The right to refuse wellness
Published On Mon Aug 30 2010
On the streets, we see homeless men and women engrossed in soliloquies or flailing at their demons. Behind closed doors, the burden of mental illness can be more private but no less tormenting.
Now, a committee of MPPs studying mental health and addiction has called for major reforms that would get Ontarians talking again about how to help mental health patients who refuse to be treated.
The all-party committee heard from an anguished family trying to help a son who believed he could stop moving cars just by touching them; and it heard about the suicides of loved ones who did not receive the help they needed. Their report, released last week, concludes that provincial mental health legislation permits “excessive and unnecessary suffering.” That cannot continue.
Current laws place such a high value on consent that people cannot be involuntarily admitted to a psychiatric facility until they are so physically dangerous to themselves or others that they can be arrested for it. Even then, they can still refuse treatment.
Ontario rightly abandoned the routine practice of institutionalizing those with a mental illness and forcing invasive treatments on them decades ago. Now, we watch people deteriorate and harm themselves without being legally able to intervene at all.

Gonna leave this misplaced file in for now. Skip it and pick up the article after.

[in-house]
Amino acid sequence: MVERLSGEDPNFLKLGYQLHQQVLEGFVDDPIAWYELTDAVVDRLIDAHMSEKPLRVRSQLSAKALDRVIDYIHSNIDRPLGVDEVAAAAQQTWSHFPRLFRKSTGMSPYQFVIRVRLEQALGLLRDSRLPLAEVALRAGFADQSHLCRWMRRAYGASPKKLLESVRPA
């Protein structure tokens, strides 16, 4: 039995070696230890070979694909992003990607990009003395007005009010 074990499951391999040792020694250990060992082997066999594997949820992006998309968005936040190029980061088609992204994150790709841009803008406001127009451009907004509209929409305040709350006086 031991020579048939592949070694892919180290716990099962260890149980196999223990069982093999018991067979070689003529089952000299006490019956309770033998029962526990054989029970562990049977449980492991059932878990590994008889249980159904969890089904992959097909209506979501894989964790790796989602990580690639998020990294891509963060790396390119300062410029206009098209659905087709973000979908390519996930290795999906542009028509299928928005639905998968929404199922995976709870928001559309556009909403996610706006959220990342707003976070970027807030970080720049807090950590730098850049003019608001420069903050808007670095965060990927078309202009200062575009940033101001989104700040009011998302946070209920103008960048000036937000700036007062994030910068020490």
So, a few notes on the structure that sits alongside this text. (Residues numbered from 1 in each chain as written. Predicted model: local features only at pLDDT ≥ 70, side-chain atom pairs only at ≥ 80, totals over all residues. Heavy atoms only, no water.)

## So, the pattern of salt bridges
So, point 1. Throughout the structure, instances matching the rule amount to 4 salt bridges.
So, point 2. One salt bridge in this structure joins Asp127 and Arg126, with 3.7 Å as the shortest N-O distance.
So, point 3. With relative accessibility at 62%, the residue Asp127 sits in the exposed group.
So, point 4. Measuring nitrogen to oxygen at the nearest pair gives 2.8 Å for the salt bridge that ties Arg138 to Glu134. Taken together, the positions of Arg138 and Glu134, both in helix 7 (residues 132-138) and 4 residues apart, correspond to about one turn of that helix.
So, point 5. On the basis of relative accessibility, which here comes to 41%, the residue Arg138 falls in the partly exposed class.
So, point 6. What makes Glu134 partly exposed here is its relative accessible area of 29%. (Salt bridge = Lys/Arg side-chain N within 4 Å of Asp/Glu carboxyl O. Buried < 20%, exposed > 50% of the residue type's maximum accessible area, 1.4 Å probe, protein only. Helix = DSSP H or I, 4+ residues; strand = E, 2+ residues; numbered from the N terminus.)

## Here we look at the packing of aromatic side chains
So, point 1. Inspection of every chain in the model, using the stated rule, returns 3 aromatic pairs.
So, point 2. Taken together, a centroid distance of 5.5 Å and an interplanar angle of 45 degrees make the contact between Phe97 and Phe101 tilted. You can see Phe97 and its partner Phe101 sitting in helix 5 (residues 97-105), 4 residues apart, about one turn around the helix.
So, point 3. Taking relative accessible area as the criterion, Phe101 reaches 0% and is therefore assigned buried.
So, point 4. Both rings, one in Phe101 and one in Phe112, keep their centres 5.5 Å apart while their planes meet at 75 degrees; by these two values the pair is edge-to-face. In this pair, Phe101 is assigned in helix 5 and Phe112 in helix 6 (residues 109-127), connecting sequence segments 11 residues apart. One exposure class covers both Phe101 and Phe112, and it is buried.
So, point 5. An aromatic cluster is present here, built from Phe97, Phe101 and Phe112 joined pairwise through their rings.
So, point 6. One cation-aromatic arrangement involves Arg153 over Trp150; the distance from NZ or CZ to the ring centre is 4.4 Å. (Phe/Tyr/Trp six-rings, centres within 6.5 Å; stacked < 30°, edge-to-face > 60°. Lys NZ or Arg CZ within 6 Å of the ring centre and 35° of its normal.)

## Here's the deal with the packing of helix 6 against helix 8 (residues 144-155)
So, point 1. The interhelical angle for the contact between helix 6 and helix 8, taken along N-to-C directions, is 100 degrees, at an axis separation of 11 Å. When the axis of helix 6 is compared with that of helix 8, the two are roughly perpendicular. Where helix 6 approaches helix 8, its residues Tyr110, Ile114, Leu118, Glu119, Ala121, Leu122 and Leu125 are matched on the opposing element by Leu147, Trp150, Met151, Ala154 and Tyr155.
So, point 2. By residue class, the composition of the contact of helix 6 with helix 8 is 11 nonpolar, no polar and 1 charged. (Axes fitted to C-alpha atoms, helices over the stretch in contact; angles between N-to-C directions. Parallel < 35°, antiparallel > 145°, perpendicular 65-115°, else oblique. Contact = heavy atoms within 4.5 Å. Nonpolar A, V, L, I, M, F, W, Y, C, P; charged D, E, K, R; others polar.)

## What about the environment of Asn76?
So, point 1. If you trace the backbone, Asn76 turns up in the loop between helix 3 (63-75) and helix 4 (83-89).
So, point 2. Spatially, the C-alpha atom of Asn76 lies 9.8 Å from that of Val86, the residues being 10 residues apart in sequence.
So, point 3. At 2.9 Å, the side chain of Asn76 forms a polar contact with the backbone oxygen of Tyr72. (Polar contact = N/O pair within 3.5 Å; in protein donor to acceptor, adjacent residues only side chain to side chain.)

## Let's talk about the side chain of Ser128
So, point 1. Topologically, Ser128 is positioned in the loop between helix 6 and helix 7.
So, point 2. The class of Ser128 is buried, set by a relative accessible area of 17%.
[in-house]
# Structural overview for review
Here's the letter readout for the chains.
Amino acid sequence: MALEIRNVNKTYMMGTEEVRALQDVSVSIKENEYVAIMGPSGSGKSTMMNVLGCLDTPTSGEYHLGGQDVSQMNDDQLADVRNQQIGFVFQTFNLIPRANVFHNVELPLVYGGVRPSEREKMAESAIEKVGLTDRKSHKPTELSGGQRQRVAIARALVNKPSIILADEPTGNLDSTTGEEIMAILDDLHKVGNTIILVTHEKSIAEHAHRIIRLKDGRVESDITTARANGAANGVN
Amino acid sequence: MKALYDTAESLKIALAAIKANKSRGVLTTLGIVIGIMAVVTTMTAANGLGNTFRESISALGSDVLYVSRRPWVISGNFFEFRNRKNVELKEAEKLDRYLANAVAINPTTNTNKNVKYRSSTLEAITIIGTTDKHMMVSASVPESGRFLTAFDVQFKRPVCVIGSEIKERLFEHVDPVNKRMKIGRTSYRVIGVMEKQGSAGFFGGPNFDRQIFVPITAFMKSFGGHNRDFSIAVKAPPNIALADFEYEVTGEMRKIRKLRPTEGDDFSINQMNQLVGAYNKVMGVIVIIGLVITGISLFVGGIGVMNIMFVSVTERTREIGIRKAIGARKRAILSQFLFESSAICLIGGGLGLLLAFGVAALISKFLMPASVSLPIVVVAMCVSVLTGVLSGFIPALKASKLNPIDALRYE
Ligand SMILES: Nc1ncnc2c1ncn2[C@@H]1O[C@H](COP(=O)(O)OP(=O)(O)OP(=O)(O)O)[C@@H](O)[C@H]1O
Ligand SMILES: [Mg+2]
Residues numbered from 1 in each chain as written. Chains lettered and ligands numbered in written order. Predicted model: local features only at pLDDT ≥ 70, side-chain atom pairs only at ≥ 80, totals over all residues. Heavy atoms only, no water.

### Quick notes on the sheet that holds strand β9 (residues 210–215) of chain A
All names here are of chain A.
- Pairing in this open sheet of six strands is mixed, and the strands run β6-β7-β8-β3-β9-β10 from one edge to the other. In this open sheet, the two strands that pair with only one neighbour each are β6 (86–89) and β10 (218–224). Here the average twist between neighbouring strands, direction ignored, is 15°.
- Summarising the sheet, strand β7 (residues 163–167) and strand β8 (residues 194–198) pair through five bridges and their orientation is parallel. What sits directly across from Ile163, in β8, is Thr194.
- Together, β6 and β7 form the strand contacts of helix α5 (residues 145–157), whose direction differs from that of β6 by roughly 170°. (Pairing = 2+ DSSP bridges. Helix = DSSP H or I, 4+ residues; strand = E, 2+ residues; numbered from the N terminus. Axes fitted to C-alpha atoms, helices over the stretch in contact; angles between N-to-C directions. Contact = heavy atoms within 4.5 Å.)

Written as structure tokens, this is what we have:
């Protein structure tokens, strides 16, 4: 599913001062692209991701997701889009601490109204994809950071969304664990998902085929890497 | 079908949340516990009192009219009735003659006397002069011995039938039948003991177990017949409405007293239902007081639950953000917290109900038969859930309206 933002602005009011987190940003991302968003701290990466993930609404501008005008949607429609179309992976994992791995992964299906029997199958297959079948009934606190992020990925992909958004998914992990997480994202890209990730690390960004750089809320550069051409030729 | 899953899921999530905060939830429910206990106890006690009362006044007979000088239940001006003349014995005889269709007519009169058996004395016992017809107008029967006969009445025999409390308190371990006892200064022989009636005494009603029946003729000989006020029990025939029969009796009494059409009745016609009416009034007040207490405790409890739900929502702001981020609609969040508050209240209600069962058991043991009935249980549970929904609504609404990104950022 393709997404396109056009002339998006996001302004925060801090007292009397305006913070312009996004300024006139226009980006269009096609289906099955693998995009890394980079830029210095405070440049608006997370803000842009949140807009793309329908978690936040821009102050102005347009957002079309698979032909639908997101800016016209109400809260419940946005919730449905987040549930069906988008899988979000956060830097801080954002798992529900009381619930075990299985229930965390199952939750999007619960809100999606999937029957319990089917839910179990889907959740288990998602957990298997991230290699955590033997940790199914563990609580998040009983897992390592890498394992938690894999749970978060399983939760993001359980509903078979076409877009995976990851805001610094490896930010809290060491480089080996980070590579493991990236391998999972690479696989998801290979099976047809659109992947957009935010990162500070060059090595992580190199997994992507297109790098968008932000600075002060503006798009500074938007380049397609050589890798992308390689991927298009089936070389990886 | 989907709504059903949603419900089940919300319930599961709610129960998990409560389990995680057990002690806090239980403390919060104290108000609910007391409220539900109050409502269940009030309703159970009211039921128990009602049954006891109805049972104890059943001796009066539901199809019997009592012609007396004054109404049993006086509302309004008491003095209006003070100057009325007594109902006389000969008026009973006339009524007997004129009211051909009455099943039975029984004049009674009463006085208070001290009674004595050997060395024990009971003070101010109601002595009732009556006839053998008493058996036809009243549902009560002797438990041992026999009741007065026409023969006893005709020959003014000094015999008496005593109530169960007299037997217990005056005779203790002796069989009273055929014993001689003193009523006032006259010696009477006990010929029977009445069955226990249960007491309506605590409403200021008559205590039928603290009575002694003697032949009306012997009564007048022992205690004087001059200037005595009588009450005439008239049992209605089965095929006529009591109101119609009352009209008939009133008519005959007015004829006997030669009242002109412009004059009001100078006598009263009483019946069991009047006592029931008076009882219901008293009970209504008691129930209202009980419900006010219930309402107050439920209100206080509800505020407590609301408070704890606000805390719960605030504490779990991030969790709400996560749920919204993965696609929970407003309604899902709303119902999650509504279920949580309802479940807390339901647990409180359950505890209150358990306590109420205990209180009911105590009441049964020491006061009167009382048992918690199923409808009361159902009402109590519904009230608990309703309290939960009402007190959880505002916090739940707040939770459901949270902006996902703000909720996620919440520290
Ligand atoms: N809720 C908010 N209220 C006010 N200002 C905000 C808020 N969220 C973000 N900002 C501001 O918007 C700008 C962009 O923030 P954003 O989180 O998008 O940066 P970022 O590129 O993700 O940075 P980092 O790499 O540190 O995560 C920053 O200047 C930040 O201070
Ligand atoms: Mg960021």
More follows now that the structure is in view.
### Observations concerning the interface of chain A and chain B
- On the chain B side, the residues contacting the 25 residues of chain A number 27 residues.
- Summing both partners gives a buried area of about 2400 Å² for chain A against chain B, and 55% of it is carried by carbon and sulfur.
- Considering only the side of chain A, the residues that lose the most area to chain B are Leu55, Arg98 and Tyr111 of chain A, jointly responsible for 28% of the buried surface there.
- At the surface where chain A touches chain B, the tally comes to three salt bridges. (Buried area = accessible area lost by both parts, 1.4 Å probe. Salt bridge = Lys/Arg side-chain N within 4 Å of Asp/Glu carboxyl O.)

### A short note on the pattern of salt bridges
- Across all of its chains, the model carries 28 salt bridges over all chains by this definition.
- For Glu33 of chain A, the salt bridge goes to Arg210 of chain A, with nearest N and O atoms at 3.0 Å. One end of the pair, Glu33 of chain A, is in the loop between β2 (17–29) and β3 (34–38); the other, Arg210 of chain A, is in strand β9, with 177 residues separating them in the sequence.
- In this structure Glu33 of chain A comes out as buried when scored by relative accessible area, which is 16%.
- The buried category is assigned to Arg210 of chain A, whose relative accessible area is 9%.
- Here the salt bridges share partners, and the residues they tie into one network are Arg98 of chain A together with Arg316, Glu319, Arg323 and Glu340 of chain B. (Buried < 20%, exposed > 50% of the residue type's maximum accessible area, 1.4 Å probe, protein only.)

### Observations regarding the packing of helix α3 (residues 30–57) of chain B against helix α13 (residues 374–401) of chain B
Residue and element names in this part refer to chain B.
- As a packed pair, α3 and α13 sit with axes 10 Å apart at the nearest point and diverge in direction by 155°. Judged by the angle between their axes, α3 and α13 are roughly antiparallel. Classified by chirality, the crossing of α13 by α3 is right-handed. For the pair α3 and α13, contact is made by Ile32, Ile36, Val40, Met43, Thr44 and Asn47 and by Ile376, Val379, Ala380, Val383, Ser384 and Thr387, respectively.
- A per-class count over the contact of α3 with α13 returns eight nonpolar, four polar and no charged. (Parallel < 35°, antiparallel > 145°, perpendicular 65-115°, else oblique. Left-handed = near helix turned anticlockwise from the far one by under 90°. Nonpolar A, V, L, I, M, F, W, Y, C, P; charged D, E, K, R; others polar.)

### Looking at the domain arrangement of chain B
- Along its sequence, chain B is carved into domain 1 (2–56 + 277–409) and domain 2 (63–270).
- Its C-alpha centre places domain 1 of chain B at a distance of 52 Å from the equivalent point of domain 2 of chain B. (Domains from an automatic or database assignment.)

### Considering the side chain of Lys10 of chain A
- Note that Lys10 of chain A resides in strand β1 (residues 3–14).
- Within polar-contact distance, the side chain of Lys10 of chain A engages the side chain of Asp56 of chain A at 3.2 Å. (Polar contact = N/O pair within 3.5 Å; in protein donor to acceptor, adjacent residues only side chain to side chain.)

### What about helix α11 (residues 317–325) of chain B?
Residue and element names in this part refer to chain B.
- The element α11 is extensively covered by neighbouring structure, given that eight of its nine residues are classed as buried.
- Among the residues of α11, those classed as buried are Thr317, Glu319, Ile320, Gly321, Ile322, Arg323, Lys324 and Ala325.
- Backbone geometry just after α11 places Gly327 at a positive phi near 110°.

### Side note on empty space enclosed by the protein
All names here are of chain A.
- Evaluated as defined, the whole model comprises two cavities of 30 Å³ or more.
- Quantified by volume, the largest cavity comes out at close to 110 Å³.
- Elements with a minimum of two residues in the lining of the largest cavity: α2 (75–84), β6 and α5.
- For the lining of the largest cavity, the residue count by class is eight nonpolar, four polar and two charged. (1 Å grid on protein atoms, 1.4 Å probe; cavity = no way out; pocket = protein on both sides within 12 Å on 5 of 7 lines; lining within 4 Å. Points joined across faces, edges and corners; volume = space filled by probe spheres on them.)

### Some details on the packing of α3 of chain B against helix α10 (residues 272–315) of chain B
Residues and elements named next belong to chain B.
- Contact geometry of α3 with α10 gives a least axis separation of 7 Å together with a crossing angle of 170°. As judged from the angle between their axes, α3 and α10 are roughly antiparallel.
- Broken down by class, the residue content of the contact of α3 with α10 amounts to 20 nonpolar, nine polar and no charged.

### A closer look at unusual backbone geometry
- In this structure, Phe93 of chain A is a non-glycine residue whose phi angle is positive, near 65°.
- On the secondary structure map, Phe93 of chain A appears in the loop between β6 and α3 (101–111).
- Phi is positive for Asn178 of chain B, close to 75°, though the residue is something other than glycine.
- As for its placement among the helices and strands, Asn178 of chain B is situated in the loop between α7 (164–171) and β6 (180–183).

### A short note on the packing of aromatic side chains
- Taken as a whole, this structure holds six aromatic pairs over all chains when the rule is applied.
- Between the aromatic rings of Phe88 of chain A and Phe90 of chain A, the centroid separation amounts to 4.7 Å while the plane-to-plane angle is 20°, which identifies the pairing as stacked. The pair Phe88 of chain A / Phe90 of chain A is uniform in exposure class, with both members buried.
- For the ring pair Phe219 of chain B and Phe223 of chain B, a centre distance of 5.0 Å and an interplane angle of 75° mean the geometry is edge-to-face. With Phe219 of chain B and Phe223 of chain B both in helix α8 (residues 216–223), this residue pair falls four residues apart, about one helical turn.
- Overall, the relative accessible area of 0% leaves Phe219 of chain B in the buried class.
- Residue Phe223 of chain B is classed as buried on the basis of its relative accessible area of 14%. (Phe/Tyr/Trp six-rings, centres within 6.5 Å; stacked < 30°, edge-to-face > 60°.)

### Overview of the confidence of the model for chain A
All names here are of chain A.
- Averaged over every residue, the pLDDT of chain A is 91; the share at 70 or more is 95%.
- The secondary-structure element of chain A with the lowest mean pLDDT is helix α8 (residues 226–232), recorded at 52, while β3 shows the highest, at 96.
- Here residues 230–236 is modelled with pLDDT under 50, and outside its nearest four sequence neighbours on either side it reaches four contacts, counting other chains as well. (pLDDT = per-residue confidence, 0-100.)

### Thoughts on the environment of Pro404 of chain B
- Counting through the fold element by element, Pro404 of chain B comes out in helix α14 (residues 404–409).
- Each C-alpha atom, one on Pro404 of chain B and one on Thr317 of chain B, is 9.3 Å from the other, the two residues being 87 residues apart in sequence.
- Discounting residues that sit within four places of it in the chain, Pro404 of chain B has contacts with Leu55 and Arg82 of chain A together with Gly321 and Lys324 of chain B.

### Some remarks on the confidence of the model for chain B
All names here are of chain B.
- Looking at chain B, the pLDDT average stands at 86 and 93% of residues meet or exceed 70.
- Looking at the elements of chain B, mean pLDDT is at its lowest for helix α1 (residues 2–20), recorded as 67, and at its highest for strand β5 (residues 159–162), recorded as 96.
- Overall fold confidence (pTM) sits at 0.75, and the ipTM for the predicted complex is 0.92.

Ontario must broaden its criteria for when people can be involuntarily admitted to a psychiatric facility and limit the right of patients to refuse treatment once they are there, the report states. “The right to autonomy must be balanced with the right to be well.”
Wisely, the MPPs refrained from proposing specific amendments to Ontario’s mental health legislation. Instead, they call for a new task force that includes patients and caregivers to recommend changes to involuntary admission and treatment policies.
This is a sensible way to proceed on a divisive and emotional issue. But as the committee points out, the legal framework is only part of the problem. Too many Ontarians with mental illnesses don’t get appropriate and timely care because there are insufficient hospital beds, programs and community supports. Even when people are well again, they won’t remain so without housing and proper services.
This thoughtful report suggests the pendulum has swung too far in favour of patients’ rights trumping patients’ health. We need a fuller debate on how mental health services are delivered in this province.
< http://www.thestar.com/opinion/editorials/article/854099–the-right-to-refuse-wellness >